I can’t imagine selling a car I’ve owned to anyone without a severe mental condition. That’s why they all go to the wreckers. They’re not so picky and I don’t feel personally responsible for someones death.

    1. Mike, I would gladly drive this thing until it fell apart, but we are moving in two weeks out of the country. In this instance, we had no choice!

  6. If you have maintenance records, have them visible to the buyer in a portfolio. Keep a business card handy of where you got your oil changes and checkups (This makes you more credible). If the buyer is serious, they can call in and ask about your car.

  7. Nissan 240 are great project cars for people who want to make drifters. Rear wheel drive, manual transmission and tons of after market bolt ons.
    Sold my wifes which had a leak in the trunk, a missing foam rear spoiler and bad injectors for over 3K.


    1. Tell me about it. I knew a couple people would be interested, but had no idea they would still get decent price with so many blatant problems!

  8. i had an ’89 Nissan 240sx. That car lasted me over 7 years. Turned over 300,000 miles on it. And it’s true, those damn Japs can sure make quality cars.

    I sold it with a bad tranmission, a missing passenger window (car was broken into about a week before i sold it), and all kinds of bad things done to it.

    some old guy bought it from me non-running and paid me 800 bucks for it!

    and all i did was leave it parked in my apt complex parking lot with a sign in the window.

  9. This is a great post on the car selling process. And I can relate to not being a “car guy.” Beyond basic maintenance, I’m useless. I’d drive a Flintstone car if I had one. Regarding tip #1 – Rustoleum makes a great auto spray paint, which when applied after a little gentle sanding, looks quite good. Well, if you don’t mind a two-tone car, that is.

    Frugal Dad’s last blog post..Weekly Roundup: Picking Up The Pace Edition

    1. I really regret not taking care of that rust once I first saw it. Once again, I was just lazy. That stuff can get out of hand really quick if you don’t nip it in the butt!

  10. with those cars all the people are buying is a shell. they’ll fix up the rust, drop a new axle in the rear, new drive shaft and an sr20det, or if they’re really getting crazy with it they’ll drop in an rb26dett, the cars are super light, handle well and drift like no other. if you list one for under 2k it will probably be gone in a mater of a couple days. Check out Nicoclub.com forums classifieds if you really want to see how in demand they are, or just watch any Formula D event.

    1. Yeah, I can see what they do with them. I really just had no idea. Once again, just one area where I am really ignorant. I try to admit it and learn from it though!

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  12. @49 Don’t study the local market. Kelley Blue Book conquers all.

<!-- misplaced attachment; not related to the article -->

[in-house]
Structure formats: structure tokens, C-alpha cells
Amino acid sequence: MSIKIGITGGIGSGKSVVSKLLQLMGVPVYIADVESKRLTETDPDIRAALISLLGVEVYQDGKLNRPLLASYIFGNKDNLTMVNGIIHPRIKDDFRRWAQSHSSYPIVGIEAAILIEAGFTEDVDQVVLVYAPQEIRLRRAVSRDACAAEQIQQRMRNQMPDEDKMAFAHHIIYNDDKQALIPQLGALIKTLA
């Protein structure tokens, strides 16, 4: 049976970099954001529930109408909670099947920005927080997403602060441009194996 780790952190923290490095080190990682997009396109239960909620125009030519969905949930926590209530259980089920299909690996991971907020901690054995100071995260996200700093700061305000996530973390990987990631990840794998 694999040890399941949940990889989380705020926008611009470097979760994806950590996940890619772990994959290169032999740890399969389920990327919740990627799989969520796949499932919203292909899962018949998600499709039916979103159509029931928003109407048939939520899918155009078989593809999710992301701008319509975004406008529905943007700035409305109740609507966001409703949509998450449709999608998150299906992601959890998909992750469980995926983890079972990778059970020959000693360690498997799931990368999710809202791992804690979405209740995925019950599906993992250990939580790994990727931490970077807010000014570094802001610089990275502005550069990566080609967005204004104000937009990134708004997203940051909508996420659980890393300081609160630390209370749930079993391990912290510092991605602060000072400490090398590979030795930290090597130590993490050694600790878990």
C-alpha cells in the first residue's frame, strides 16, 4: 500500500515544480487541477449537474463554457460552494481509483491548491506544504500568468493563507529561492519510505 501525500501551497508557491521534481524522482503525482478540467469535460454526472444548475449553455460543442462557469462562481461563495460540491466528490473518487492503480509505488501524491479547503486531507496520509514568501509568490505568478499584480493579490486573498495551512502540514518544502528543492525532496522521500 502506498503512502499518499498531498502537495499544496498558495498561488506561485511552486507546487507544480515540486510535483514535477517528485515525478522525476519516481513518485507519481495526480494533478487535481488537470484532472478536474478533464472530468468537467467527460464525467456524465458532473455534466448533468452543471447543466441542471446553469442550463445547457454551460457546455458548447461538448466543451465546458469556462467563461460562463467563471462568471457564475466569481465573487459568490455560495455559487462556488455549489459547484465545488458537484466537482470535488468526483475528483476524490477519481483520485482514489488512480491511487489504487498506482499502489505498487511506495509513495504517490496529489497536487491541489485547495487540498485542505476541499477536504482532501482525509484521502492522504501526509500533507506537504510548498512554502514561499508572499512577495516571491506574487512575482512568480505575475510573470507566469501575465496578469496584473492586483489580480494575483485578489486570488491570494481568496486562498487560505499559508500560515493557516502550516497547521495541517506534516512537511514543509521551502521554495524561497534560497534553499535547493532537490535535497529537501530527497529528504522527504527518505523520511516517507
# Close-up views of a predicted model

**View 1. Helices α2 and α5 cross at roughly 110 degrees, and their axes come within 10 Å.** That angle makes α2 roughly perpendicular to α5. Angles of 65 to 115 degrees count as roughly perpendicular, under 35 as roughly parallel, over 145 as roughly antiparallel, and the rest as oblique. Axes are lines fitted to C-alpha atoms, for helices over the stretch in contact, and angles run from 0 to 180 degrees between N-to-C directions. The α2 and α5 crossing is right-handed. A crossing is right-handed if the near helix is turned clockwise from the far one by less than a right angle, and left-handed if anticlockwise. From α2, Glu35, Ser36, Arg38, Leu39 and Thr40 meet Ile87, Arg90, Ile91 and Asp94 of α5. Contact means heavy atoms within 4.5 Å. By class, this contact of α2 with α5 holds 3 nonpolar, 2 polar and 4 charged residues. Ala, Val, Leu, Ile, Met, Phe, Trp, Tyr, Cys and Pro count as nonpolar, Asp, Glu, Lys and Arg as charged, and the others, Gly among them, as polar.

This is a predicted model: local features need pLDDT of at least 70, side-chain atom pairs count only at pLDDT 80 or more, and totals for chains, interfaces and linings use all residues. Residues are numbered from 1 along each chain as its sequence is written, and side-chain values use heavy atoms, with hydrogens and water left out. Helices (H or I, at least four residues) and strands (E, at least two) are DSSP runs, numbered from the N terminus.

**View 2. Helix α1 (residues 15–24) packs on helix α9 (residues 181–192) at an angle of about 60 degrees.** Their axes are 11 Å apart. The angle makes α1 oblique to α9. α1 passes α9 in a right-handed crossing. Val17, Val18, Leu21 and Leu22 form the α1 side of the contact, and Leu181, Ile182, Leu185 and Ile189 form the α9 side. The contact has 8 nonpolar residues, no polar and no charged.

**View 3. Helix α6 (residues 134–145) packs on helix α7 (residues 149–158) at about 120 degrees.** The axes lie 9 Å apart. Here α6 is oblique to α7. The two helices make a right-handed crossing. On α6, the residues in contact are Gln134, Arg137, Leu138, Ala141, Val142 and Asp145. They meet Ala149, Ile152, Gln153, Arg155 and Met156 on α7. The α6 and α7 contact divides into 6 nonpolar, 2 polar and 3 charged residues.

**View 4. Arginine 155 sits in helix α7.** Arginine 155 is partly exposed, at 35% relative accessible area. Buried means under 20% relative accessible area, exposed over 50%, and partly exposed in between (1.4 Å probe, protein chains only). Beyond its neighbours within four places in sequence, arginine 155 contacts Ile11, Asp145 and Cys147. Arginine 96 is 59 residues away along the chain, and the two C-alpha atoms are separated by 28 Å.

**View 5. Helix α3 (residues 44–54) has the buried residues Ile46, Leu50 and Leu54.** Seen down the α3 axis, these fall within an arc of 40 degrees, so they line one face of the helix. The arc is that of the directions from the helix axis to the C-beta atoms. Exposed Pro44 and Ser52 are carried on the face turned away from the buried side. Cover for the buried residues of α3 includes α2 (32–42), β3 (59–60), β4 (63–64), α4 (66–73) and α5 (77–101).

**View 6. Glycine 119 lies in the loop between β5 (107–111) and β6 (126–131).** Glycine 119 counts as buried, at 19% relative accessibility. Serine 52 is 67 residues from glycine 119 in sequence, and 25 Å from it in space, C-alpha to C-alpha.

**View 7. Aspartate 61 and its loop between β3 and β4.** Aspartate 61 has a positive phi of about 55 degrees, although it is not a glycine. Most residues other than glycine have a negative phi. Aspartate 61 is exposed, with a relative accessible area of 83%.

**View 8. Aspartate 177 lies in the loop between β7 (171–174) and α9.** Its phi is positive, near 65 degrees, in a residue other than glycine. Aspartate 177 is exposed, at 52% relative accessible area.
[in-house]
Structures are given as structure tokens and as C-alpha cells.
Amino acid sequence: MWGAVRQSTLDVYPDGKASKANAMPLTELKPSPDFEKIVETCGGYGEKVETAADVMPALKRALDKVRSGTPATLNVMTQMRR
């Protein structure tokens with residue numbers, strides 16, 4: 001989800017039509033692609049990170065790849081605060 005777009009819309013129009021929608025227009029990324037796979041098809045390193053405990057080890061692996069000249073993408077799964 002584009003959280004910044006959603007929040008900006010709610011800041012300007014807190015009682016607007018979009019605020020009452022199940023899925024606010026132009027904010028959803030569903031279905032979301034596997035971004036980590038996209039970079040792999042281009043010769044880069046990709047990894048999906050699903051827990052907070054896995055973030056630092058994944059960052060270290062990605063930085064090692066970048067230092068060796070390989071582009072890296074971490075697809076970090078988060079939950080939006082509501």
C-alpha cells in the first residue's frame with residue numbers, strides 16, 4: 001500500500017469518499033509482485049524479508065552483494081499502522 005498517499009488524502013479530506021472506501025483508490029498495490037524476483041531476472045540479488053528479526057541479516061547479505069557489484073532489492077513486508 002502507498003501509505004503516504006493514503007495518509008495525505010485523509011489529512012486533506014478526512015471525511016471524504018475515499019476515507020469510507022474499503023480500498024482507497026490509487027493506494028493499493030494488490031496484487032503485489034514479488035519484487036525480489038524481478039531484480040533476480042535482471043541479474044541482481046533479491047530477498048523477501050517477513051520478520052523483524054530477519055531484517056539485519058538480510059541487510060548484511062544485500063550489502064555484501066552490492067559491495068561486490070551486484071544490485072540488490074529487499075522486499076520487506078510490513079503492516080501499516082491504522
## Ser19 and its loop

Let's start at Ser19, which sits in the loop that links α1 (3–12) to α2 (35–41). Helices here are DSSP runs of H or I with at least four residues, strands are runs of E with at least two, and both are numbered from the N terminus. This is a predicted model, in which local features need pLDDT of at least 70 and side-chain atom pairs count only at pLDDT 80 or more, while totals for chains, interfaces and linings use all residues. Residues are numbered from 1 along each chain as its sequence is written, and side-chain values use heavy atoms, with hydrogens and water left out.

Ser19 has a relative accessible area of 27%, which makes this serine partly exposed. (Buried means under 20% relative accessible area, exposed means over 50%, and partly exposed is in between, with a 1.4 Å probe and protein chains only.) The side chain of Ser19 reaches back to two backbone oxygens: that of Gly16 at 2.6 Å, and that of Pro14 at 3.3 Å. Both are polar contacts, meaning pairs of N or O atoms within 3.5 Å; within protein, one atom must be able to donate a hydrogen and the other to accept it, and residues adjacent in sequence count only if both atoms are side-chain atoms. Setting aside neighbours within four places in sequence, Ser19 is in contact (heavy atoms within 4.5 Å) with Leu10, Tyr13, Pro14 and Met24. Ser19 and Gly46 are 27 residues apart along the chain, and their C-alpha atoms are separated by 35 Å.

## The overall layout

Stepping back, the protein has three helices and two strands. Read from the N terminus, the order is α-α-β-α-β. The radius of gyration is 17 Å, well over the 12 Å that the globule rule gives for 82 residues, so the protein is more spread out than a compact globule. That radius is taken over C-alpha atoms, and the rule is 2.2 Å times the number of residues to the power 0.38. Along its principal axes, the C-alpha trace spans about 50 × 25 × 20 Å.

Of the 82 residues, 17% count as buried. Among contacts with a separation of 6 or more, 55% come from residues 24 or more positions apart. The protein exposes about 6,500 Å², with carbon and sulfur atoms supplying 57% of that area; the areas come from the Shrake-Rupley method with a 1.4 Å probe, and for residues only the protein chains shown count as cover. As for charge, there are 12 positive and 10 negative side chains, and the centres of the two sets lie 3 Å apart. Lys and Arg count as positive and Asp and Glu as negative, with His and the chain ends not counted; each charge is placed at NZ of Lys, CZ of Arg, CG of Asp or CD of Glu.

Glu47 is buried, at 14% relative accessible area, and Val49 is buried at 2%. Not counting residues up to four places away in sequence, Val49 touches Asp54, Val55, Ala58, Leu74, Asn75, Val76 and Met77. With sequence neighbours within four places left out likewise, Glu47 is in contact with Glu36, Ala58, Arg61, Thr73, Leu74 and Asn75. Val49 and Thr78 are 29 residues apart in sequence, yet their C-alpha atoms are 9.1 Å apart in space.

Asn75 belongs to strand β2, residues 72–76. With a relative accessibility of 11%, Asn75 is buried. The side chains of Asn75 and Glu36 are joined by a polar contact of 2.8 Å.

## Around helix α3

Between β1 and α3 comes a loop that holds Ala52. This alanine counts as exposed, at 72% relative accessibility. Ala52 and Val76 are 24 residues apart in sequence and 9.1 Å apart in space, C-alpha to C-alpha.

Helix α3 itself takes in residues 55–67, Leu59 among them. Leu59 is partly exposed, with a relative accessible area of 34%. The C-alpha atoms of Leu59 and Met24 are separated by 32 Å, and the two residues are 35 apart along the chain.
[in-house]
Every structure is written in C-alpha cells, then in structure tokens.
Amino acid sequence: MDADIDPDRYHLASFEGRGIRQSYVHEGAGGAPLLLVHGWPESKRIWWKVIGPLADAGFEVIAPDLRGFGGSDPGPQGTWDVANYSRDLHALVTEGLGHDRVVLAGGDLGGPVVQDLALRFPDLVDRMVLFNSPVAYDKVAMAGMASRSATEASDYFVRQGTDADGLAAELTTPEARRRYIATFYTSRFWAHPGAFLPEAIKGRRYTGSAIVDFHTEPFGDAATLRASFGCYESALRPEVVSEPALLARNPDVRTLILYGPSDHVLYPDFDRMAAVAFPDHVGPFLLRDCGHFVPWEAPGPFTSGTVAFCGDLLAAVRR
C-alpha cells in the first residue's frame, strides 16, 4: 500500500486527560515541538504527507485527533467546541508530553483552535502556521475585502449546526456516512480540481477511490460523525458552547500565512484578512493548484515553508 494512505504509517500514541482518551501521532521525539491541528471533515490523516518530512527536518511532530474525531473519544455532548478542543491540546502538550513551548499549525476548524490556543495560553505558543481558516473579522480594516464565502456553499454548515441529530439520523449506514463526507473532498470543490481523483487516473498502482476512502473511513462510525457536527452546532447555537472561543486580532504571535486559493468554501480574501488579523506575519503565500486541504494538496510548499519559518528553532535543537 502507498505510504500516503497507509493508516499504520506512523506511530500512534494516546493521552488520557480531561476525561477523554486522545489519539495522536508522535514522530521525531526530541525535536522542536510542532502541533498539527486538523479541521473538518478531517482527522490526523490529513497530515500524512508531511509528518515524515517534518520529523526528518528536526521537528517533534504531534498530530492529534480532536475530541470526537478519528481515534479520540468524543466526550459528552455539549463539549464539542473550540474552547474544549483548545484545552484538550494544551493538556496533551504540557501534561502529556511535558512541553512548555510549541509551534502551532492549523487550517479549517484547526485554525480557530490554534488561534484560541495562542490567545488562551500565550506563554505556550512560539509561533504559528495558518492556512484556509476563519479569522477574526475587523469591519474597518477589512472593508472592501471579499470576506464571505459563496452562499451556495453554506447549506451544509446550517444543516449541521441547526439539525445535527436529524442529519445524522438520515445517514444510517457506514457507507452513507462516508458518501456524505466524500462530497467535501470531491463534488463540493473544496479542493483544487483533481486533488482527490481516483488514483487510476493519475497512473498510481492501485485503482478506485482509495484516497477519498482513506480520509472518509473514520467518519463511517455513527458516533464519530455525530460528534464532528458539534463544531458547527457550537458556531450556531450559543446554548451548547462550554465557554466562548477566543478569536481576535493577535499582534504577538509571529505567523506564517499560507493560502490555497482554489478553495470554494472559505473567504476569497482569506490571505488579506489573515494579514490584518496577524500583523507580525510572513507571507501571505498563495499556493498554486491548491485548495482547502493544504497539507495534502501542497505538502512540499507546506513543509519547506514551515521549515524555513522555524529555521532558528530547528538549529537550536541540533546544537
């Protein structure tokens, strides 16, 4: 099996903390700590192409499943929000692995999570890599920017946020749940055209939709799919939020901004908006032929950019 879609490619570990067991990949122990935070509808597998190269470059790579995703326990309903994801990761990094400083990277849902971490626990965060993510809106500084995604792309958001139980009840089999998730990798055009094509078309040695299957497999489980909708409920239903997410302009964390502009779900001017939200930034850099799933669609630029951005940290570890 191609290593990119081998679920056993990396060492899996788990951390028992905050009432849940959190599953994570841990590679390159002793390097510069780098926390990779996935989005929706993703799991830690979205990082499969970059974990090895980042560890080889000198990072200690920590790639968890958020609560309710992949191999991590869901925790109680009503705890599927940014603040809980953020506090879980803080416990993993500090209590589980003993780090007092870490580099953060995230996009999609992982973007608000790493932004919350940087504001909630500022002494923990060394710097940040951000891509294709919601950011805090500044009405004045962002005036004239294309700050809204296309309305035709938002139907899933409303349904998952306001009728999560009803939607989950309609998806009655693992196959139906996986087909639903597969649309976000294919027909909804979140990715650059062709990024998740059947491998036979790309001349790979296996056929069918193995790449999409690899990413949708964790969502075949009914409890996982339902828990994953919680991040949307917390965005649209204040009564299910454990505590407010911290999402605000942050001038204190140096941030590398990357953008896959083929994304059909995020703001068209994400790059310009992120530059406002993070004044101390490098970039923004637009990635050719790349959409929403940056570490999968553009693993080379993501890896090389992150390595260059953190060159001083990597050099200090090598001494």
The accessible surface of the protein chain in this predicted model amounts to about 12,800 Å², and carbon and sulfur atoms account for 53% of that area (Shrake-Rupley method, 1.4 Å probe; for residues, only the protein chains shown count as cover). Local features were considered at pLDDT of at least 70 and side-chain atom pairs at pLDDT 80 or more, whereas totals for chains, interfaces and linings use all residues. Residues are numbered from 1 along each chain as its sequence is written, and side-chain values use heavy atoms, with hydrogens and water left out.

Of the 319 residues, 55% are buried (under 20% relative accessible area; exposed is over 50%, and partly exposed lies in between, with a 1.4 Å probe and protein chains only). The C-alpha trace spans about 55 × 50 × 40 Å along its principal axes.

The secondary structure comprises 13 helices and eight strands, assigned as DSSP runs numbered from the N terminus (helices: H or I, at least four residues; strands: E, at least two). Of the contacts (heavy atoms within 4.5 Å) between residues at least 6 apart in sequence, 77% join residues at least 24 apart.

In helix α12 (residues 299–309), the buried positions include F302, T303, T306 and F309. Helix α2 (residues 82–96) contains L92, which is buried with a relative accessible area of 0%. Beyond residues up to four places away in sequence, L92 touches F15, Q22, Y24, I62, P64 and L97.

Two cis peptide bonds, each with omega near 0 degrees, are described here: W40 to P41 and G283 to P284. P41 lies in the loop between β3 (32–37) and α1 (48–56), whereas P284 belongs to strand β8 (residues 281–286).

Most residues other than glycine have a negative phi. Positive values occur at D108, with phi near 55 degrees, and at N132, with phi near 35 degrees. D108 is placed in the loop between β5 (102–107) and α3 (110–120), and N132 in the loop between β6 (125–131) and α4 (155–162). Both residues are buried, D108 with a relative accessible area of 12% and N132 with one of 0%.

Dealerships use Nadaguides over KBB

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  18. Nobody Important

    This article was a complete waste of my time. There’s a reason you only got $1,200 for your car — because you didn’t do any of the things on your list!

    I’m someone who’s GOOD at cars — I keep my cars for 8-10 years, take care of them along the way, and sell them for TOP DOLLAR when I do finally decide to sell. Why do people give me TOP DOLLAR for my cars? Because the paint still looks nice (no door dings), all the creature comforts still work (air conditioner, power windows, stereo — you name it, it still works), the automobile has been maintained (no leaks, no funny sounds — again, everything works).

    Maybe someone who is GOOD at cars should write an article that people would be interested in reading — and maybe THAT article would actually help people. :rolleyes:

  19. I sold my car after it overheated and stopped running. I let it go for $50 but neglected to remove the brand new battery, brand new spark plugs, brand new headlights, and 6 month-old tires (about $500 worth of parts) before the buyer towed it away. I was desperate to sell because the tag was about to expire. I had no idea that my state doesn’t require you to have tags on a car that doesn’t run.

    1. I suppose I should mention that the car was over 20 years old, had over 500,000 miles on it, and that KBB put the value (if it were running) at only $300.

  20. I hope that this was a satire b/c this list is all wrong.
    I use to sell cars at a dealership and most of this is incorrect.

  21. I have a 1976 GMC Sprint and was wondering after reading all this stuff. It had turned over 100,000 miles on it when I got it and now it is up to little over 400,000 should I mention that on just let them look an see it has 38,000 miles on it and let them assume what they want?

  22. look i sell cars for a living and the majority of this list is bs no one will pay good money for a car that looks bad and smells horrible poeple love the internet all of you r on it now so post on the internet if it didnt work dealerships wouldnt do it carfax and kelly blue book r important and nada and kbb are great guides but thats all they r they dont take in consideration whats goin on at the auctions dealers do everyone checks fluids and tires if you think you can sell a car with no fluids and bald tires with the wires comin out either you or the guy who buys it is nuts and everytday i hear do u have maintnance records wich r really important if you want to keep your warrenty valid i have been a proffessional car sales man since i was 18 now im 25 and my best way to sell is show the customer everything carfax kbb i mean everything if you have maintnance records show those too cause you want to build value in your car but this is the internet an anyone can put what ever they want on hear like some guy who sells a couple of cars a year so he thinks he is an expert and they best advice i dont care if its a dollar car you show it like it worth a million bucks